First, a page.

5 Things Wrong With Invisible Sun
Back in August of 2016, Monte Cook Games launched a kickstarter for their game Invisible Sun. At the time, there was a lot of secrecy surrounding the game, with very little details of what all the obtuse terminology the game was using meant. It had numerous components, each with a name that wasn’t explicitly indicative of what purpose it served, and further, the game wasn’t made available online. It was described as a “Luxury RPG Experience.”
As of February 2019, however, Monte Cook Games has announced that they were going to release Invisible Sun digitally in pdf form, along with a digital preview of the game. When it initially came out, I mostly ignored it. Though with the release of the preview, I decided to dig into it a little bit, because I believe that an informed marketplace is a healthy one.
If the title of this article is any indication, I was not impressed with what I was able to surmise. So for your reading pleasure and to help you make a more informed decision as to whether you should get this, I bring you Five Things Wrong With Invisible Sun!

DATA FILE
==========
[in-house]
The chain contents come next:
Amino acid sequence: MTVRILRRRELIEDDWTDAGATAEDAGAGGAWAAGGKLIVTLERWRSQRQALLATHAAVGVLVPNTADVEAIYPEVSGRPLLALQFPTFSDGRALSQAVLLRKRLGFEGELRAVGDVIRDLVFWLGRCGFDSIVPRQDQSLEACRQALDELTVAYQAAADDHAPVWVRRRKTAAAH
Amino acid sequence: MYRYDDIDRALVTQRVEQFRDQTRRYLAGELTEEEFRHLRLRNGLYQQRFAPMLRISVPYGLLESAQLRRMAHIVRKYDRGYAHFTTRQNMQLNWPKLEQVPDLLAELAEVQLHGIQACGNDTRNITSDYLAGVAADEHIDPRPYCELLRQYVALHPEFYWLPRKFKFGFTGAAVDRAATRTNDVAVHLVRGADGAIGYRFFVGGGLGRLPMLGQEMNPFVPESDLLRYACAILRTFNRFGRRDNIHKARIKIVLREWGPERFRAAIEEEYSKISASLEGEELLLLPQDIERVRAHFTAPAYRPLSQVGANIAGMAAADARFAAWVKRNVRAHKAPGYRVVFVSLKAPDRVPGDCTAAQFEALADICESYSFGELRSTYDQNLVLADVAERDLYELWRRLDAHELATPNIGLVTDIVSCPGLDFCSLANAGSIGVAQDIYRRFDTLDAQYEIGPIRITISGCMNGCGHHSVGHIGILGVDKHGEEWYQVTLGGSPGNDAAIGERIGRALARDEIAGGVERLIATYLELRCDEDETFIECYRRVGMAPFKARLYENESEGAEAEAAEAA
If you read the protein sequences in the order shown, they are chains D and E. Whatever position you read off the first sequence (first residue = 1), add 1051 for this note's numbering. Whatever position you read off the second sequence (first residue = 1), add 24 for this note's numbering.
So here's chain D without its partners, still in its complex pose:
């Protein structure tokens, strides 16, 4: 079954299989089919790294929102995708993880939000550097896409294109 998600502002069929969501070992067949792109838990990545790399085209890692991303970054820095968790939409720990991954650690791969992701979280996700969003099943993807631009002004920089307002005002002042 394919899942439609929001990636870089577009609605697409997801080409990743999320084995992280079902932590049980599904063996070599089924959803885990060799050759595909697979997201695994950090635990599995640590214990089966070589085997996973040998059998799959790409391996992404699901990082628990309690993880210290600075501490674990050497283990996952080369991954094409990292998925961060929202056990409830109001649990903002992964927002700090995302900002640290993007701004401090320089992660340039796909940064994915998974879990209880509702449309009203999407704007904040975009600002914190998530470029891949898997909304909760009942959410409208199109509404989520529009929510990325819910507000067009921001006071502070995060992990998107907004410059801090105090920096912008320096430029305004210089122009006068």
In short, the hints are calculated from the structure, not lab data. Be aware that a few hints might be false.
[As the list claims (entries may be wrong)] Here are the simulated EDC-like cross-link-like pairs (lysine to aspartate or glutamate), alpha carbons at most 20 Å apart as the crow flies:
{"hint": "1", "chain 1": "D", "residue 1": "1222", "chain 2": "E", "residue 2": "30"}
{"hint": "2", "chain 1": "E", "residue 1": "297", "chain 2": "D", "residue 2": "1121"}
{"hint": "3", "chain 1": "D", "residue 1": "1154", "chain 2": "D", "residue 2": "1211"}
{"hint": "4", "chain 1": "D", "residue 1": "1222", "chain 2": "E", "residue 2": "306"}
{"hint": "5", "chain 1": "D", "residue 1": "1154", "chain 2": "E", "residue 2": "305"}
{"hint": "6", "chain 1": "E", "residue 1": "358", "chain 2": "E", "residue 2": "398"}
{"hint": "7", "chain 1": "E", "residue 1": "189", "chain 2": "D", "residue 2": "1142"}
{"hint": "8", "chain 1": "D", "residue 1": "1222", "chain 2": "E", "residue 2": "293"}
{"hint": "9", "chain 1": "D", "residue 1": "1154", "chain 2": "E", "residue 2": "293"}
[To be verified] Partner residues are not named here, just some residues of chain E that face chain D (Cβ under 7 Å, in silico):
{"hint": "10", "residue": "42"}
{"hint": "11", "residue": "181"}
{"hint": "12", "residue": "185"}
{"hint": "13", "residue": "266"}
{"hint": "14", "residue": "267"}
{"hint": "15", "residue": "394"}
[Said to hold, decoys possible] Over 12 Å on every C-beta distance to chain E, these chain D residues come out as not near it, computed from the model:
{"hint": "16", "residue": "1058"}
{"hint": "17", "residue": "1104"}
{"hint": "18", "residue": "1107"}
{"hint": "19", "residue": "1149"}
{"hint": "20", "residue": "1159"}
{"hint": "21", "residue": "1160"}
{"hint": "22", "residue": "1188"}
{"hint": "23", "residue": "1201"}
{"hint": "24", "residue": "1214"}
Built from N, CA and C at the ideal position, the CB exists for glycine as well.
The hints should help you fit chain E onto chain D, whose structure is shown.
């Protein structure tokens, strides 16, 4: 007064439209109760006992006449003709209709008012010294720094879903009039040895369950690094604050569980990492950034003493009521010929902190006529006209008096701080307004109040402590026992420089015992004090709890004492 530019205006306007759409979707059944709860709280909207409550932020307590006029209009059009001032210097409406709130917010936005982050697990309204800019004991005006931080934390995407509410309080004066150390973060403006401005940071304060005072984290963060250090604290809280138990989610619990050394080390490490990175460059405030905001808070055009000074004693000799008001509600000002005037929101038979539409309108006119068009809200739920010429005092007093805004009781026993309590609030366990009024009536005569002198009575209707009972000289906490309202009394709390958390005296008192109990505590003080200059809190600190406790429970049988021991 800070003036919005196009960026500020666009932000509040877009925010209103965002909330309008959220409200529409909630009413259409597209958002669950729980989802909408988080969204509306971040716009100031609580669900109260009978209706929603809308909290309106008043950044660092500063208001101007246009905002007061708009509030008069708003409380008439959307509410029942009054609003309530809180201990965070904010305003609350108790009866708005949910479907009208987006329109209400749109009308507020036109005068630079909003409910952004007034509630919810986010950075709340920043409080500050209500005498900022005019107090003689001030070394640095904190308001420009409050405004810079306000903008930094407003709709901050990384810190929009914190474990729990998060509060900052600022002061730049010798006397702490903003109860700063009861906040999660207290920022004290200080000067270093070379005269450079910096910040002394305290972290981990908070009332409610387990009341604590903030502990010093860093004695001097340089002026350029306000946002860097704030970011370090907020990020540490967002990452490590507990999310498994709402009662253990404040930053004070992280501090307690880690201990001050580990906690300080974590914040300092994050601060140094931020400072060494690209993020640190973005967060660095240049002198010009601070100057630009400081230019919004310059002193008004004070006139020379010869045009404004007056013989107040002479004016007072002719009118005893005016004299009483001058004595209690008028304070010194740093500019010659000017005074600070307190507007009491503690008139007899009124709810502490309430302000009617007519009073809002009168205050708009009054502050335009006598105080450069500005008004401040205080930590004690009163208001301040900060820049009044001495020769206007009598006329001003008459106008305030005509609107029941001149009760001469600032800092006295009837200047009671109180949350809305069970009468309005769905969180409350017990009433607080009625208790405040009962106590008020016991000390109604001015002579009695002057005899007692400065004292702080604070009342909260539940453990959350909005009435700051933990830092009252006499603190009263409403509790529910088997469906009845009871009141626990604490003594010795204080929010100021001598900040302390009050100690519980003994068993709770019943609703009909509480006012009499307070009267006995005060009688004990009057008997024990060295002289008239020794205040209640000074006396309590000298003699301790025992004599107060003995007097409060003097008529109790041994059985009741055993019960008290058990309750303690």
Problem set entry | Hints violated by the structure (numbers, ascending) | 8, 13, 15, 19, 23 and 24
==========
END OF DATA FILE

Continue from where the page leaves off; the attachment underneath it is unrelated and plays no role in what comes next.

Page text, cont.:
1) It’s Expensive And Excessive
When it was initially funded via Kickstarter, the lowest tier that gave you a copy of the game was set at approximately 200USD, and since then, the price for a pre-order of the next batch of these to be shipped out is about 300USD. This is a steep price tag for any game, especially when you consider that the trio of books for Dungeons and Dragons is about 150USD (oftentimes much less), with the options to eschew certain books if you don’t want or need them. Even the digital copy of Invisible Sun goes for about 100USD.
While Invisible Sun does come with numerous books, there’s also other props it comes with that, frankly, probably aren’t necessary. Props such as The Testament of Suns, which is a plastic hand meant to hold a card for everybody around the table to see.